Just because you have a large bus factor doesn't necessarily make the project a better place to ask questions. We've seen projects in the past where N persons involved are all from the same company and when that company removes its support for that project those people all go away. High bus factor, no people to ask.
(Finally, let me just add that I would of course *love* to have many more committers and contributors, and I think we would be a better project if we did. But that's a separate issue.)
David A. Wheeler
On Tue, 20 Jun 2017, Wheeler, David A wrote:Daniel Stenberg [mailto:email@example.com] on Wednesday, June 21, 2017 3:47 AM:It's valuable for users to know that even if the current lead died,disappears.
Subject: RE: [CII-badges] I claim "bus factor" is mostly uselessSeat taken! Sorry I haven't responded sooner, but this was a long email & I wanted to increase my likelihood of grokking it.
A very strong driver and motivator for people in open source is the wellFair enough. Basically, people often get involved in OSS projects only if no one else is doing it. I *have* seen cases where people jump in, but I think your basic point is still sound in general - people tend to only do things if others won't do it for them.
... What happens when things go sour...I think we're in total agreement on those things. The intent was that the "passing" level capture these key things; hopefully the passing level does so.
All of that should work totally independent of the bus factor.I think I have a different mental model about "bus factor" than you do, and perhaps that explains things.
The definition of "bus factor" I like is the "number of key developers who would need to be incapacitated, i.e. hit by a bus, to send the project into such disarray that it would not be able to proceed". Source: M. Bowler, "Truck factor," Tech. Rep., May 2005. [Online]. Available: http://www.agileadvice.com/2005/05/15/agilemanagement/truck-factor/
This is also used in "Assessing the Bus Factor of Git Repositories", https://www.researchgate.net/publication/272794507_Assessing_the_Bus_Factor_of_Git_Repositories
To me, *that* is what matters: the ability to proceed. The quantitative measures are merely indicators, not what matters.
Well, this number is really impossible to figure out without tools and I don'tI think it should be relatively easy to figure out without tools. Many non-software organizations can tell you who would take over if the leader died, and have a rational confidence that the successor knows enough to take over. If you can't easily identify someone else who knows things, then the tools will probably tell you what you already know.
To be honest, I really had a judgement call in mind here, not a quantitative measure.
Of course, there are various quantitative methods for estimating the bus factor, e.g., the aforementioned "Assessing the Bus Factor of Git Repositories", https://www.researchgate.net/publication/272794507_Assessing_the_Bus_Factor_of_Git_Repositories
That's not the only one - there are several ways to estimate bus factor (that paper cites some of them).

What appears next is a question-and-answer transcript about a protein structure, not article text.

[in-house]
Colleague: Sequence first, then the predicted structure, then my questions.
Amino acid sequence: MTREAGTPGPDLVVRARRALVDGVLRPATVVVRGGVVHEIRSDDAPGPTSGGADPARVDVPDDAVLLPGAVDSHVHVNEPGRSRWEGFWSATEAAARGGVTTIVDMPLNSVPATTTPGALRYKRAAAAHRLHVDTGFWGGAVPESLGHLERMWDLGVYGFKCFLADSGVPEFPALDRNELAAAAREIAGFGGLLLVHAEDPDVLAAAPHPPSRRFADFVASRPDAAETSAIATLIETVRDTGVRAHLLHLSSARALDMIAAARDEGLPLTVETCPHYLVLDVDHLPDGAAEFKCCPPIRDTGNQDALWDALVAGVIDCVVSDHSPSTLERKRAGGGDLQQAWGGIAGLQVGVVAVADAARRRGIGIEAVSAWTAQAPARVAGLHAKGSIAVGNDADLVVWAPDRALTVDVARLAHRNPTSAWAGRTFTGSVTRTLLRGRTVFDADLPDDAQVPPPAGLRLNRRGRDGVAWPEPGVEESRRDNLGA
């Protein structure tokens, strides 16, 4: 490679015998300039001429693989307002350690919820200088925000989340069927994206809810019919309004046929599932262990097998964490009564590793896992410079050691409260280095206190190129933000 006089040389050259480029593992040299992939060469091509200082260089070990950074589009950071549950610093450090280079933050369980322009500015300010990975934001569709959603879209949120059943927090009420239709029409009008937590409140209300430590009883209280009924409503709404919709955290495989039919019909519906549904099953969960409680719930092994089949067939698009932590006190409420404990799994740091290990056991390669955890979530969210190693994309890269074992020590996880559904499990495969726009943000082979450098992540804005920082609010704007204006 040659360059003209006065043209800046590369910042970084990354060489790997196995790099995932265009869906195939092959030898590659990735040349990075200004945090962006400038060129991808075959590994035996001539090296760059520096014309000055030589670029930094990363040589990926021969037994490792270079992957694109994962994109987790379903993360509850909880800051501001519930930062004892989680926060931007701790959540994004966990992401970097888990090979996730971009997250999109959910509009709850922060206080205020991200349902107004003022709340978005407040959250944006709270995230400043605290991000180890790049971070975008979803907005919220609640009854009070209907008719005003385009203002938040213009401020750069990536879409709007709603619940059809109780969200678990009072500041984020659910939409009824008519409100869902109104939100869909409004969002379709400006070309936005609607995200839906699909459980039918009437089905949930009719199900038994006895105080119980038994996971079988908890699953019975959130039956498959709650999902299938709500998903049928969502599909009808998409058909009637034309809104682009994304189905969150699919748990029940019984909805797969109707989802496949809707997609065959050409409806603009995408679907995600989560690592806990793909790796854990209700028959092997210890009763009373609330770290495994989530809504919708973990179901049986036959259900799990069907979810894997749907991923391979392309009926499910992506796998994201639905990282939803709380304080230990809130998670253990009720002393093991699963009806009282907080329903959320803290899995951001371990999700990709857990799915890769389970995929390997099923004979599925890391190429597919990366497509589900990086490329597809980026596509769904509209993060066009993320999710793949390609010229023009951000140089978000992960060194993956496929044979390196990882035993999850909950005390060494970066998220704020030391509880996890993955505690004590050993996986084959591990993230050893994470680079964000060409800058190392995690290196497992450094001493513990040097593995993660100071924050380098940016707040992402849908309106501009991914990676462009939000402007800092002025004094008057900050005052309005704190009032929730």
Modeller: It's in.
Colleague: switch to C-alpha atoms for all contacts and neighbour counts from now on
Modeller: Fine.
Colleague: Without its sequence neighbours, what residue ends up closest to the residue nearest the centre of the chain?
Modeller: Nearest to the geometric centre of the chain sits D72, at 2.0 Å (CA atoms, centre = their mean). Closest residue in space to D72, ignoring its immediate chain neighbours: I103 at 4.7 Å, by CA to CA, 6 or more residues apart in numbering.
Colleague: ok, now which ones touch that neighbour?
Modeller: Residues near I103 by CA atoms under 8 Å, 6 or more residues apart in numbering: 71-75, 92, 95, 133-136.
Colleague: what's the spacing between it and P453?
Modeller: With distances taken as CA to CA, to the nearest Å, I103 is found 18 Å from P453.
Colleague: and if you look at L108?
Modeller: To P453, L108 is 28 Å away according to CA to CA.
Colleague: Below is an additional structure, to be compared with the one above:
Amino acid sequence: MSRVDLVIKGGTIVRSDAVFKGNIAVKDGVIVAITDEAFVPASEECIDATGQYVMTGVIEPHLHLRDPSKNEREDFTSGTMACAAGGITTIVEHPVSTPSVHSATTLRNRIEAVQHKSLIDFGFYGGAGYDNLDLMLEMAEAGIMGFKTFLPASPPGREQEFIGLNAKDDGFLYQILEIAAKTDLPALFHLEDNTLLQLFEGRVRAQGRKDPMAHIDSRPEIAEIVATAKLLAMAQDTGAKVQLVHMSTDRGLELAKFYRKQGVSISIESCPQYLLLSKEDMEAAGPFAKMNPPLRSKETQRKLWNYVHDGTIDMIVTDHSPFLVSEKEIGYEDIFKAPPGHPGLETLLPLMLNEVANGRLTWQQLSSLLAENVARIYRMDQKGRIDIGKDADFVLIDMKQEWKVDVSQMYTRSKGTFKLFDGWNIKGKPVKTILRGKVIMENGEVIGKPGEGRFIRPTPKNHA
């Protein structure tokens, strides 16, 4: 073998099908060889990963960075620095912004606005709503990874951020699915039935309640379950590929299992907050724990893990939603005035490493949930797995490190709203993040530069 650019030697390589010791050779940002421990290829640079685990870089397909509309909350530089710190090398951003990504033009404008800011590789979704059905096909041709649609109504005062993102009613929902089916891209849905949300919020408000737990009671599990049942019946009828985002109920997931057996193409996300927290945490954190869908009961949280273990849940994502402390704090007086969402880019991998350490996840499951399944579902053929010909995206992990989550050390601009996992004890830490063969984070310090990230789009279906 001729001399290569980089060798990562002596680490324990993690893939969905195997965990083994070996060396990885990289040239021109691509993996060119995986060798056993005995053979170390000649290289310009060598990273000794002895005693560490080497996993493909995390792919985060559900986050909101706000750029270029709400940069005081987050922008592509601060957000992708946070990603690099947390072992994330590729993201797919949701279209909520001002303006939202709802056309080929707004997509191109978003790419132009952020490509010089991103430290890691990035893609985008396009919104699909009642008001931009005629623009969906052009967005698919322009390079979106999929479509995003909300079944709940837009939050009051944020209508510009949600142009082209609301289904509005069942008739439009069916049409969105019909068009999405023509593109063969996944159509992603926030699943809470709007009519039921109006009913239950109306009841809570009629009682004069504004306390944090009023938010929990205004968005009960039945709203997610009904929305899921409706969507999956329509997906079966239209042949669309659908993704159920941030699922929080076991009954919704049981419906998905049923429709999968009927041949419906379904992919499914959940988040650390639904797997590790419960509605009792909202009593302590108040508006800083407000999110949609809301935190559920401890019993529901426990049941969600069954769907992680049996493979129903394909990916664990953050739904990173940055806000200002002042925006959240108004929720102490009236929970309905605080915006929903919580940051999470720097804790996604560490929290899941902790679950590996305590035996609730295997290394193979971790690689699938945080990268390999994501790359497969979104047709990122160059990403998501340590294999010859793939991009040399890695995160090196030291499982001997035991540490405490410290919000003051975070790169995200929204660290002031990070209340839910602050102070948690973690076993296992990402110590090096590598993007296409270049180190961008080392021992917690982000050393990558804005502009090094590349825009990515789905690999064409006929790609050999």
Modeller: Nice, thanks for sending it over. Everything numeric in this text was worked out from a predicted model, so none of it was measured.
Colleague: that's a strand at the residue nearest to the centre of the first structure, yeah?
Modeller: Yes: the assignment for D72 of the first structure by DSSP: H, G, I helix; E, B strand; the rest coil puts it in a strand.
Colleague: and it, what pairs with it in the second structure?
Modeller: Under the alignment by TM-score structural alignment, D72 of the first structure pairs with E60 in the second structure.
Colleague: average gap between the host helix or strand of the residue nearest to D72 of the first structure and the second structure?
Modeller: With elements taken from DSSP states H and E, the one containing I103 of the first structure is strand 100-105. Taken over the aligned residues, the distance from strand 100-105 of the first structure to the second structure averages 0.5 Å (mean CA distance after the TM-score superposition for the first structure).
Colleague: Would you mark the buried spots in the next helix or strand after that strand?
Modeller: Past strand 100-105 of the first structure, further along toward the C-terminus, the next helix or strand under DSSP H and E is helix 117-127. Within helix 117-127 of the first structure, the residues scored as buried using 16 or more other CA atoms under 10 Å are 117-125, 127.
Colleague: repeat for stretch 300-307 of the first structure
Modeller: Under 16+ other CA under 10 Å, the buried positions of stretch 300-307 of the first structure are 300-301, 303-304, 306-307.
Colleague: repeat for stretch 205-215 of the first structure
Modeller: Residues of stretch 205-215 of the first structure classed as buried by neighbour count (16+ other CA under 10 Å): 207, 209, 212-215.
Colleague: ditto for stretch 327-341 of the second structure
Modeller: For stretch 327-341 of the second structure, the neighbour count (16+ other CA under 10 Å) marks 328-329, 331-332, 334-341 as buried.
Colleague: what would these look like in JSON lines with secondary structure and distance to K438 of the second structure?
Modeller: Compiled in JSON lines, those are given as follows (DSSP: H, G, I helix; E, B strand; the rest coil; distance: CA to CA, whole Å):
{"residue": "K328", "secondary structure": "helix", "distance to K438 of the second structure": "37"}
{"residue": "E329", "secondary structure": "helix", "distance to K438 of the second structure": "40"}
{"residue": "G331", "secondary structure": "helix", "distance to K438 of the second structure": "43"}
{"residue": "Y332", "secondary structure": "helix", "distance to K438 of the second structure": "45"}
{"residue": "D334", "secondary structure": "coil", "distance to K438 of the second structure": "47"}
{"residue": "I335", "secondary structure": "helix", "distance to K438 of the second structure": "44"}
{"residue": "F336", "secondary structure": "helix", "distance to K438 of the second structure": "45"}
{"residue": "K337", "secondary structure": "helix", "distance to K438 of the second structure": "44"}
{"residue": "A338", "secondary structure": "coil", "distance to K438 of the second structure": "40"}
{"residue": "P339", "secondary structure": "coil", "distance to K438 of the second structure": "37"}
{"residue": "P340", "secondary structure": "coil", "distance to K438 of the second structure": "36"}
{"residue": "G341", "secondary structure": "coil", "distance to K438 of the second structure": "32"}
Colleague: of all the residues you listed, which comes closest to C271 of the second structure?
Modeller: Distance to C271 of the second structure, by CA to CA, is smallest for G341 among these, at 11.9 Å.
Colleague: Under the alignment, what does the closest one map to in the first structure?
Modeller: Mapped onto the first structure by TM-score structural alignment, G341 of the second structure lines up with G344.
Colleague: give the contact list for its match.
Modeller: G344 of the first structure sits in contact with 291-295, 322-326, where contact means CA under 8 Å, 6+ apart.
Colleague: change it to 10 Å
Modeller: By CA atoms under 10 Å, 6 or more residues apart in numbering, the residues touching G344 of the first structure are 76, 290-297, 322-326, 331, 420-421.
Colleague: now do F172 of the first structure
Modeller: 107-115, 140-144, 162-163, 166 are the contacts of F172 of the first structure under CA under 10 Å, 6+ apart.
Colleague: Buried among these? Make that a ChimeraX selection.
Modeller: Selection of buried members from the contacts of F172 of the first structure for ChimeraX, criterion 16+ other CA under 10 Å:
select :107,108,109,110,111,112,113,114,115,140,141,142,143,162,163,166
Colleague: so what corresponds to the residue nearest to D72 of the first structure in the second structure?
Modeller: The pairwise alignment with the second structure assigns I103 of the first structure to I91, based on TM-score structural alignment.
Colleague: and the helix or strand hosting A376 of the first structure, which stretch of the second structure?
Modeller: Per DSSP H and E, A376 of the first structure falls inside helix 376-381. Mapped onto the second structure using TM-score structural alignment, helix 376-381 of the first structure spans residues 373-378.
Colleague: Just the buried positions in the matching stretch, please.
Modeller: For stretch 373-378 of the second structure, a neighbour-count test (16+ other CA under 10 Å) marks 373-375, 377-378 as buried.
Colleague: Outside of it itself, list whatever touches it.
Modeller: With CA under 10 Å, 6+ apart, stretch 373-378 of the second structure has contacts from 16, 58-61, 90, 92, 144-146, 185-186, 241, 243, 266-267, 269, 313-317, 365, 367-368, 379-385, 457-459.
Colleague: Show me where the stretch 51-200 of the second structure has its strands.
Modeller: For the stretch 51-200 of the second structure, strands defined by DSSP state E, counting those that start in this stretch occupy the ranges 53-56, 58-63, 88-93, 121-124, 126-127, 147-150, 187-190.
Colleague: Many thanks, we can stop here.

That said, I think the these quantitative measures are simply algorithms to *estimate* the real issue: Could the project proceed?
We can't prove or assume lack of knowledge or interest by the lack ofAgreed.
I think the measure you're using for bus factor is excessively harsh... which also explains why you're objecting to using it :-).I like curl & often use it myself. So let's be specific: If you diedWho?
The *main* text simply emphasizes a "bus factor" of 2 or more, and the rest are details to try to explain it. Perhaps the problem *is* the use of tools. I think the real point is that "there is a successor if the 'main' contributor unexpectedly dies" & "that successor knows enough to be able to continue the project". The tools for analyzing commits are merely a way to help estimate the knowledge, but as you note, they often don't tell the whole story.
... Now of course the "best practices" need to be generic but I really don't thinkAgreed, but we got you covered there with a "gold" criterion, "contributors_unassociated":
"The project MUST have at least two unassociated significant contributors."
I believe that criterion as even *harder* to achieve on some projects, which is why it's only at the gold level.
(Finally, let me just add that I would of course *love* to have many moreSure. Letting non-terrorists board international flights would be a good thing too :-).
The real issue, as I see it, is that the project needs to be able proceed if any 1 person dies or otherwise becomes unavailable. If we focused more on being able to identify a second person, and ask for some evidence that the second person knows enough for the project to be able to proceed (without overly-picky quantitative measures), would that be an improvement?
--- David A. Wheeler
On Fri, 30 Jun 2017, Wheeler, David A wrote:
To be honest, I really had a judgement call in mind here, not a quantitative measure.Sure OK, but that's also what I object to. That's a totally, completely and all-through subjective measurement that also most likely can be highly debatable in projects. And I'm supposed to give a binary answer to it.
I claim this makes it a criteria with a too weak foundation, thus making it useless.
I did not understand this "estimate it with your gut" nature from the criteria description.